When I first moved to New York, I watched Naomi Campbell put on a dress in Zac Posen's studio. Specifically, I pinned her into it, fingers shaking. And I can testify: Nobody on God's green earth wears a dress like a supermodel. The second it hit her skin and she started walking around the studio, we all fell silent. Crazy as she was, she transformed the gown, and we never looked at it on its hanger the same way again.
So I was thrilled and perplexed by the Metropolitan Museum of Art's new exhibition at the Costume Institute entitled "The Model As Muse." Models are long overdue for their share of fashion designer's laurels, but at the same time, I've always seen models as transformers and experimentalists more than sources of inspiration, when it comes to fashion. And pinning down the muses of the moment is no small feat.
Even the annual lavish gala celebrating this year's opening felt like a throwback to 90s wealth and exuberance. And that probably explains why the story was more about who wasn't going than who was. Ralph Lauren couldn't decide how he was going to support the event, rumors flew that LVMH was going to have to buy tables for several of their brands, and Karl Lagerfeld declared his travel schedule would keep him from attending. The final blow came when supermodels Naomi Campbell and Stephanie Seymour decided last minute that they would not attend to protest the exclusion of designer Azzedine Alaia from the exhibit.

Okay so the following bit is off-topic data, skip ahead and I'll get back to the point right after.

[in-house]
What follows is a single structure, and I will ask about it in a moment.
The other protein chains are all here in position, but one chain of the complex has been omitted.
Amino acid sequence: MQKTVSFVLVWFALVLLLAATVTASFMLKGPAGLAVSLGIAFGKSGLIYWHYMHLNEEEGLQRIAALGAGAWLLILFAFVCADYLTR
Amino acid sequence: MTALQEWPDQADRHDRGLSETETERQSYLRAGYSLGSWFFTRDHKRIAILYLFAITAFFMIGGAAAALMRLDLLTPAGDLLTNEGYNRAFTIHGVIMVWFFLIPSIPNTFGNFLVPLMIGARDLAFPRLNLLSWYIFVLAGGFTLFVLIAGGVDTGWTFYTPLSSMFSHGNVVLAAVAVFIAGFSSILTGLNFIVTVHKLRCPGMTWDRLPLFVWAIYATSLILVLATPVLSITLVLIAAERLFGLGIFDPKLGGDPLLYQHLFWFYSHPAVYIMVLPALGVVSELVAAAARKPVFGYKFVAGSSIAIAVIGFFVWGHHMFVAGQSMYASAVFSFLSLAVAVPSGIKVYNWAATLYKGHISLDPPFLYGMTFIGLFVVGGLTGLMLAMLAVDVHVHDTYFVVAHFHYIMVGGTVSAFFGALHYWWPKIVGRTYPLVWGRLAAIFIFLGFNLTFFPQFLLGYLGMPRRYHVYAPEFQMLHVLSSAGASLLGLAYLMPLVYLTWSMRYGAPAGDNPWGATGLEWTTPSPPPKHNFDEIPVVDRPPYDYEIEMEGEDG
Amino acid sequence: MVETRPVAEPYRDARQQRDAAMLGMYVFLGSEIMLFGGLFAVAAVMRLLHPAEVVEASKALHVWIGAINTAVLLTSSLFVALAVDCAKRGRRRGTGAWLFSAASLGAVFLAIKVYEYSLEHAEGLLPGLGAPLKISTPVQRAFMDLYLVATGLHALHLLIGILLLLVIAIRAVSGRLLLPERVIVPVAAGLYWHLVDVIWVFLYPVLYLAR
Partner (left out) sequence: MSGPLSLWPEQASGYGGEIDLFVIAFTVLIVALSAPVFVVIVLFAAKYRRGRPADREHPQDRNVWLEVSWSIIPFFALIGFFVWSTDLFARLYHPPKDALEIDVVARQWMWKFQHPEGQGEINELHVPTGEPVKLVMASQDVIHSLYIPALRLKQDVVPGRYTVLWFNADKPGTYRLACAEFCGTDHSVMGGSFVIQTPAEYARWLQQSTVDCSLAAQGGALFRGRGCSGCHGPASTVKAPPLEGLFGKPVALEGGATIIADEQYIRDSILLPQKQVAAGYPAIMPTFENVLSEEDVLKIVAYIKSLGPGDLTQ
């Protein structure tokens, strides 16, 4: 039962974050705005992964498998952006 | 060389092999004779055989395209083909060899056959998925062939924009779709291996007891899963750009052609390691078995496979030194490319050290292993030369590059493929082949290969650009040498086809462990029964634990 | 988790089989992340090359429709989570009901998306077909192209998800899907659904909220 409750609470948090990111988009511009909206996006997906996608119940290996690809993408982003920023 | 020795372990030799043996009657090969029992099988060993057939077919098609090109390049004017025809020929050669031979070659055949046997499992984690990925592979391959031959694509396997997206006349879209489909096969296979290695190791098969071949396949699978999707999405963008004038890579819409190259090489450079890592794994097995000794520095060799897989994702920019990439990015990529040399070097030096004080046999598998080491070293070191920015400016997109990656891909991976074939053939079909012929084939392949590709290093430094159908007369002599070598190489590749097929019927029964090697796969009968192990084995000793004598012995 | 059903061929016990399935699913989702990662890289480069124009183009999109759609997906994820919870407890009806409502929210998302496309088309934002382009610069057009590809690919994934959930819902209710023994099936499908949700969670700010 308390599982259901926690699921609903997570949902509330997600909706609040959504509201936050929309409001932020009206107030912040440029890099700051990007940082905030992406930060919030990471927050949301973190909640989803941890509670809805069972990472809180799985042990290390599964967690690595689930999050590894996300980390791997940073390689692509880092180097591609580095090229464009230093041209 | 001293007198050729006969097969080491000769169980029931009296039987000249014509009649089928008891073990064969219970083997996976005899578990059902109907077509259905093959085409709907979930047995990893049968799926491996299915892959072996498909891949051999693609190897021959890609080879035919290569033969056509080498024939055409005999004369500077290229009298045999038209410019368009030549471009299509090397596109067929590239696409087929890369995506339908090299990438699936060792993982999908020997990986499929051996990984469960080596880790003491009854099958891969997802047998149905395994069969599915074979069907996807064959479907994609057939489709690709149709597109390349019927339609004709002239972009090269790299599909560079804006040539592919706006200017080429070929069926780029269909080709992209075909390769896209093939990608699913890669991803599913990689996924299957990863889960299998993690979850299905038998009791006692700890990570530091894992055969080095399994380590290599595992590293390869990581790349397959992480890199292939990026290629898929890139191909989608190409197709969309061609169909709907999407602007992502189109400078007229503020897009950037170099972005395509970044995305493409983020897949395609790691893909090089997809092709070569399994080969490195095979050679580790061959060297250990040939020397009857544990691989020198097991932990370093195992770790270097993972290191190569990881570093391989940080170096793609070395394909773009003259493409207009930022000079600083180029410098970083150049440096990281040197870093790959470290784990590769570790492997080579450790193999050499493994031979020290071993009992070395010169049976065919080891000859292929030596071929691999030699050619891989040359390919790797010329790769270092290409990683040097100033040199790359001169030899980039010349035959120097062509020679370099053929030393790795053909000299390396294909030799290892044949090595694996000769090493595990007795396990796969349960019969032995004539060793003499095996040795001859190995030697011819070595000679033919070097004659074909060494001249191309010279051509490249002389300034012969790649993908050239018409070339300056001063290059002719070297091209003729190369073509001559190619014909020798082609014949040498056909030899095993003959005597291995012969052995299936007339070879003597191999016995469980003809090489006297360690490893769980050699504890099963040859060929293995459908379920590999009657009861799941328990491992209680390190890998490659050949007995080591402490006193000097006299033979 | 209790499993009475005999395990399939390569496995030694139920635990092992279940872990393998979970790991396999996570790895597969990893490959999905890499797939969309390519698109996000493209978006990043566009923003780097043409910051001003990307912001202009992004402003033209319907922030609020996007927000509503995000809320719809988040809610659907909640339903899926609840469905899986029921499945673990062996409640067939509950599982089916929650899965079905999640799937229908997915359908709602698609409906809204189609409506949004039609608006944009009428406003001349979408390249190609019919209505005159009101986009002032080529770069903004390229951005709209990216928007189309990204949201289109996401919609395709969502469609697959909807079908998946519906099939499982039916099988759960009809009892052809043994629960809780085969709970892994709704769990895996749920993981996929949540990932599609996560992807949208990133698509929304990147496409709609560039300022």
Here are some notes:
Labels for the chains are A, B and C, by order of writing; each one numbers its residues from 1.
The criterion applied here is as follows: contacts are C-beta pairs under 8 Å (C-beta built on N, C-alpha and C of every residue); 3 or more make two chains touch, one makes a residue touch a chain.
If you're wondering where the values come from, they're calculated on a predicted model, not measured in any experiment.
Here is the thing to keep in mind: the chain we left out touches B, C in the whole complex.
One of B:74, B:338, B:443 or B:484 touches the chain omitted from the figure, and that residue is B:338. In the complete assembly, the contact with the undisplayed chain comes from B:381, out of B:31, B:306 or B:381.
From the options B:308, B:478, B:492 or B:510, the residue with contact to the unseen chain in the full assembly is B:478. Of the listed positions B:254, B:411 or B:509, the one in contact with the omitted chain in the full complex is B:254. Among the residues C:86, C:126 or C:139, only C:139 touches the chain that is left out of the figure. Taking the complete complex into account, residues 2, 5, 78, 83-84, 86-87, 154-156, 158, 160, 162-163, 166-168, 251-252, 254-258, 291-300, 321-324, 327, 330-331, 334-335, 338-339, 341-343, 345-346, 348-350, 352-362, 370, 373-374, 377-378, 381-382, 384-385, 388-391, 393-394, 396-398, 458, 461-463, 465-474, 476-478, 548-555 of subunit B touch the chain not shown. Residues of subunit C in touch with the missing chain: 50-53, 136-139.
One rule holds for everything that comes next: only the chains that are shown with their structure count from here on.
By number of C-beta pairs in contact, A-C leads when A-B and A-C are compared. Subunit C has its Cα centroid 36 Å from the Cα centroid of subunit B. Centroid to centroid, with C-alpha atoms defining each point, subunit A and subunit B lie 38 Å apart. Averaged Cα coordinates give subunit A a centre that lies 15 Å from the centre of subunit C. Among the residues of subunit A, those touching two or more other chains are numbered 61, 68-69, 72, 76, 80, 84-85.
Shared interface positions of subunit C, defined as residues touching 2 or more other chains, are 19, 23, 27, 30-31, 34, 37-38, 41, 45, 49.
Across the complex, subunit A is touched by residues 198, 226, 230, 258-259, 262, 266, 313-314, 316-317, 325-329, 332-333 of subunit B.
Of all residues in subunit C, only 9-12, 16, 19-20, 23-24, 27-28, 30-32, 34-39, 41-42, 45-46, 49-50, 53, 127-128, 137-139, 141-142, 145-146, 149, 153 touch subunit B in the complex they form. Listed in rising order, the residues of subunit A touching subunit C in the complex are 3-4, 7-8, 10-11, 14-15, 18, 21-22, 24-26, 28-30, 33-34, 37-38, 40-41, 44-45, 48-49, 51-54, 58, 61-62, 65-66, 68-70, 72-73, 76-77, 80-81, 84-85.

The dwindling spotlight on the event drove home the larger point — that with noteworthy exceptions like Kate Moss, models don't hold the kind of sway in mainstream fashion that they once did. Gisele may be a millionaire, but she's essentially a really hot hanger. (Sorry, Tom.) Even Suzy Menkes said the Costume Institute's exhibition feels more like a requiem. The nesting rooms within the gallery all trace the history and influence of the old guard: Veruschka and Twiggy are put with Cardin and Courreges in the 60s, Jerry Hall lounges in the same space as YSL and Halston in the 70s, the glamazons (Naomi Campbell, Linda Evangelista, Christy Turlington) are all over the map in the 80s, and Kate Moss is paired with grunge in the 90s. But what about now? Who's influencing the influencers? I can't believe it's Agyness Deyn.
More and more, magazine covers are dominated by celebrities over models, and the cult of a woman who cuts a really great line seems to be an increasingly European idea.
Models aren't muses anymore — that title increasingly belongs to the Charlotte Gainsbourgs, Beth Dittos, and (the late) Isabella Blows of the world. These are the street fashion mavericks that inspired Yves Saint Laurent to remake the idea of ready-to-wear — perhaps this will be our game-changer moment as well.